How to Hike Fryman Canyon in Los Angeles

by Richard Corrigan
Fryman Canyon offers a pastoral relief from L.A.'s urban stress.

Fryman Canyon offers a pastoral relief from L.A.'s urban stress.

Despite its urban surroundings, Fryman Canyon provides a green oasis in the heart of Los Angeles' Studio City. When L.A.-area hikers talk about the Fryman Canyon trail, they usually mean the 3-mile loop that begins at the parking area in Wilacre Park, not in nearby Fryman Canyon Park, as one might expect. The trail in Wilacre Park meanders along rugged ridges and through shady forests, offering valley-spanning views across the city to the San Gabriel Mountains beyond.

Finding the Trail

  1. Wilacre Park is located on Fryman Road, just off Laurel Canyon Boulevard. The parking area is immediately visible as you enter the park. Once you've parked and paid the parking fee -- $3 as of 2014 -- head for the gate at the end of the parking lot that marks the beginning of the Betty B. Dearing Mountain Trail. This trail is less busy than many other hiking spots in Los Angeles, but you should still expect to share the trail with other hikers, joggers and leashed dogs on most days. The terrain is easy to moderate, and it generally takes about an hour and a half to complete the journey.

Exploring the Canyon

  1. The Betty B. Dearing Mountain Trail begins as a paved fire road, and then transitions to a dirt path after about 0.3 miles. The initial section of trail is shady, with scenic viewpoints, benches and the occasional side trails, which loop away and then return to the main trail. The terrain becomes a bit more open and exposed as the trail goes on. At the 1.3-mile mark, you will enter a clearing with benches, water fountains and a second path to the right that leads to Coldwater Canyon and the headquarters of Tree People, a nonprofit conservation group. At 1.4 miles, another trail to the right leads to an exhibit on the trees and rocks of the Fryman Canyon area.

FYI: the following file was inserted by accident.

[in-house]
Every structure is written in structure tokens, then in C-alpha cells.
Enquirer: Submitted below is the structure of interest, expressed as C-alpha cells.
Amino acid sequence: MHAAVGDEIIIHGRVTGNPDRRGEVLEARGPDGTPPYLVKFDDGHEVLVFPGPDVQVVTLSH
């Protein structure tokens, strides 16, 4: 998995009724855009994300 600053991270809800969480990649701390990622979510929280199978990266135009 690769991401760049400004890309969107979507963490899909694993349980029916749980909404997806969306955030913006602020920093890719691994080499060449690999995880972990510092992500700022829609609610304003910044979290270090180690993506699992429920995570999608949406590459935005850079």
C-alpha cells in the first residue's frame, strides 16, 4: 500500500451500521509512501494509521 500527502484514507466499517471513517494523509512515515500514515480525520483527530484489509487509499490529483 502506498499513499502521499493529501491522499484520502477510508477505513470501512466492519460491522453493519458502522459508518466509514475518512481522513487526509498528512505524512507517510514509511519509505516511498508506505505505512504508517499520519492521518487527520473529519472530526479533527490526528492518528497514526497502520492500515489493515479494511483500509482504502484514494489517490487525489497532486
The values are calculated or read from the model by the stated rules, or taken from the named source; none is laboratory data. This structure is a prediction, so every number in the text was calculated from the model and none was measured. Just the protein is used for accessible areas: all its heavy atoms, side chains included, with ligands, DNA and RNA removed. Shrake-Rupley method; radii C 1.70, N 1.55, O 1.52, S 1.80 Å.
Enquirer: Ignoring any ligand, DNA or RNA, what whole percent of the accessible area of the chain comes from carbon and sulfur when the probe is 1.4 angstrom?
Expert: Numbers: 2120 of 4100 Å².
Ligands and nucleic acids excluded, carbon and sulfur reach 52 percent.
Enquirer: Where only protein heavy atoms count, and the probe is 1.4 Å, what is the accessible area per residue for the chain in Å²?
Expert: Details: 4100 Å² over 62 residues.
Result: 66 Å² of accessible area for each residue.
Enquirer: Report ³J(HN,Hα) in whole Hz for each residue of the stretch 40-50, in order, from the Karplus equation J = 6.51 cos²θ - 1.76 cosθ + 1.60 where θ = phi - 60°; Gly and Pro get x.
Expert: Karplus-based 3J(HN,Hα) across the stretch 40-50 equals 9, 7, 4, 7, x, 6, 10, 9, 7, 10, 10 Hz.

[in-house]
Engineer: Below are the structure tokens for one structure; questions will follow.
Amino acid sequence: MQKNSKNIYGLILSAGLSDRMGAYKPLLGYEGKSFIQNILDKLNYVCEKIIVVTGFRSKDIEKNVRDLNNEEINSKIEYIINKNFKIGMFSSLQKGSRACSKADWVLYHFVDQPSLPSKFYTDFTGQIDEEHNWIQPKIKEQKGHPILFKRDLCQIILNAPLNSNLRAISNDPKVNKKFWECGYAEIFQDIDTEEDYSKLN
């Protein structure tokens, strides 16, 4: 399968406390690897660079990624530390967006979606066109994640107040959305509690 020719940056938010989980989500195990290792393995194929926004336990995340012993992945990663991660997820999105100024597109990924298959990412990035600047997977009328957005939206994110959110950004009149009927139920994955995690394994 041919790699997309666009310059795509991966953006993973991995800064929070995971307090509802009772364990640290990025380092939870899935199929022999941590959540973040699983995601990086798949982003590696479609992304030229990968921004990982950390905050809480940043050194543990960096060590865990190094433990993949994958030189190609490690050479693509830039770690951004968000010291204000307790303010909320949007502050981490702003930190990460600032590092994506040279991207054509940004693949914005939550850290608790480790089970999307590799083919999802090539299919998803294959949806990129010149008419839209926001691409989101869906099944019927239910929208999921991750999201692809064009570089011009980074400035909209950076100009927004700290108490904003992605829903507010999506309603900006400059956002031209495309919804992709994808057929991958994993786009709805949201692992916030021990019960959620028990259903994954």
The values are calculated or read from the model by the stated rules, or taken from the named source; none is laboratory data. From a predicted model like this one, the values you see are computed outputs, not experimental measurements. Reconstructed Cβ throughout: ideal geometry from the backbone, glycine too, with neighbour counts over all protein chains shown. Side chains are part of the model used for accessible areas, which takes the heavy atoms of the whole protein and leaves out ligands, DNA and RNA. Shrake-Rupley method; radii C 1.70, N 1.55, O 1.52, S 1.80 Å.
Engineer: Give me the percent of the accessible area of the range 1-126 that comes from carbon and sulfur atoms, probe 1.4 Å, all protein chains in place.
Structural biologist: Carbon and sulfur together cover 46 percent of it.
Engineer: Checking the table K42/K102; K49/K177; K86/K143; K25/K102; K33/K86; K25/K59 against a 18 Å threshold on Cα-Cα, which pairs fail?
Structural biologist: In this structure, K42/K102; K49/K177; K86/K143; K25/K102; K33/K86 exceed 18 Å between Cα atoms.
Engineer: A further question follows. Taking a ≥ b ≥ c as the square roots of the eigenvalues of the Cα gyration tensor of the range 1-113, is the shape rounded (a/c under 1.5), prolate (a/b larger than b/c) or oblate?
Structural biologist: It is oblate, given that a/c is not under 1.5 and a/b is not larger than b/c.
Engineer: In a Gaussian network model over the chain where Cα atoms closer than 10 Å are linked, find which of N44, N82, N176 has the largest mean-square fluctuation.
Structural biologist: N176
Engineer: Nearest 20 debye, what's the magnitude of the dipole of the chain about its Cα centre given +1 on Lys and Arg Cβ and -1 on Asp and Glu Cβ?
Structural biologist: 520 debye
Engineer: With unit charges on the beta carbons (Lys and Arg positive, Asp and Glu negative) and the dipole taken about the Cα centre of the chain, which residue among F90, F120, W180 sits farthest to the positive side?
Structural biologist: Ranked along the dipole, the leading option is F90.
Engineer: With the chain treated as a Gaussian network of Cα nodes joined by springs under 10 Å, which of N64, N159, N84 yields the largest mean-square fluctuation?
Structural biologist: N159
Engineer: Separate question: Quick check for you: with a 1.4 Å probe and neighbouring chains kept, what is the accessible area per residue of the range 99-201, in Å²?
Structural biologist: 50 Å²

Returning to the Trailhead

  1. About 0.25 miles past the side trail that leads to the tree and rock exhibit, the Betty B. Dearing Mountain Trail ends at a yellow gate that marks the park boundary. On the other side of the gate is a cul-de-sac at the end of Iredell Lane, a quiet residential street. You can either turn back here and retrace your steps to the trailhead, or continue past the gate onto Iredell Lane. If you choose the latter, follow Iredell Lane for 0.2 miles and then take a right on Iredell Street. Turn left on Fryman Road and follow it back to the parking area and trailhead.

Planning Ahead

  1. You can expect to be out in the open sun during portions of this hike, so bring sunscreen and plenty of drinking water. Temperatures can be very hot, especially during summer, so don't hesitate to take a breather if you need it. The terrain is easy to moderate with plenty of gradual uphill climbs, along with a few more difficult sections if you choose to explore any of the side trails. Durable, comfortable shoes are essential.

Exploring More Trails

  1. A few hundred feet after the Betty B. Dearing Mountain Trail dead-ends at the end of Iredell Lane, it reappears on the opposite side of the lane. From here, the trail enters Fryman Canyon Park, where you can explore several additional miles of hiking trails. Fryman Canyon Park contains about 1.5 miles of the Betty B. Dearing Mountain Trail, including a lush gully known as the Rainforest, plus a handful of shorter side trails. Fryman Canyon Park's trail system is also accessible from a parking area and trailhead on Mulholland Drive.

About the Author

When Richard Corrigan isn't writing about the outdoors, he's probably outside experiencing them firsthand. Since starting out as a writer in 2009, he has written for USA Today, the National Parks Foundation and LIVESTRONG.com, among many others, and enjoys combining his love of writing with his passion for hiking, biking, camping and fishing.

Photo Credits

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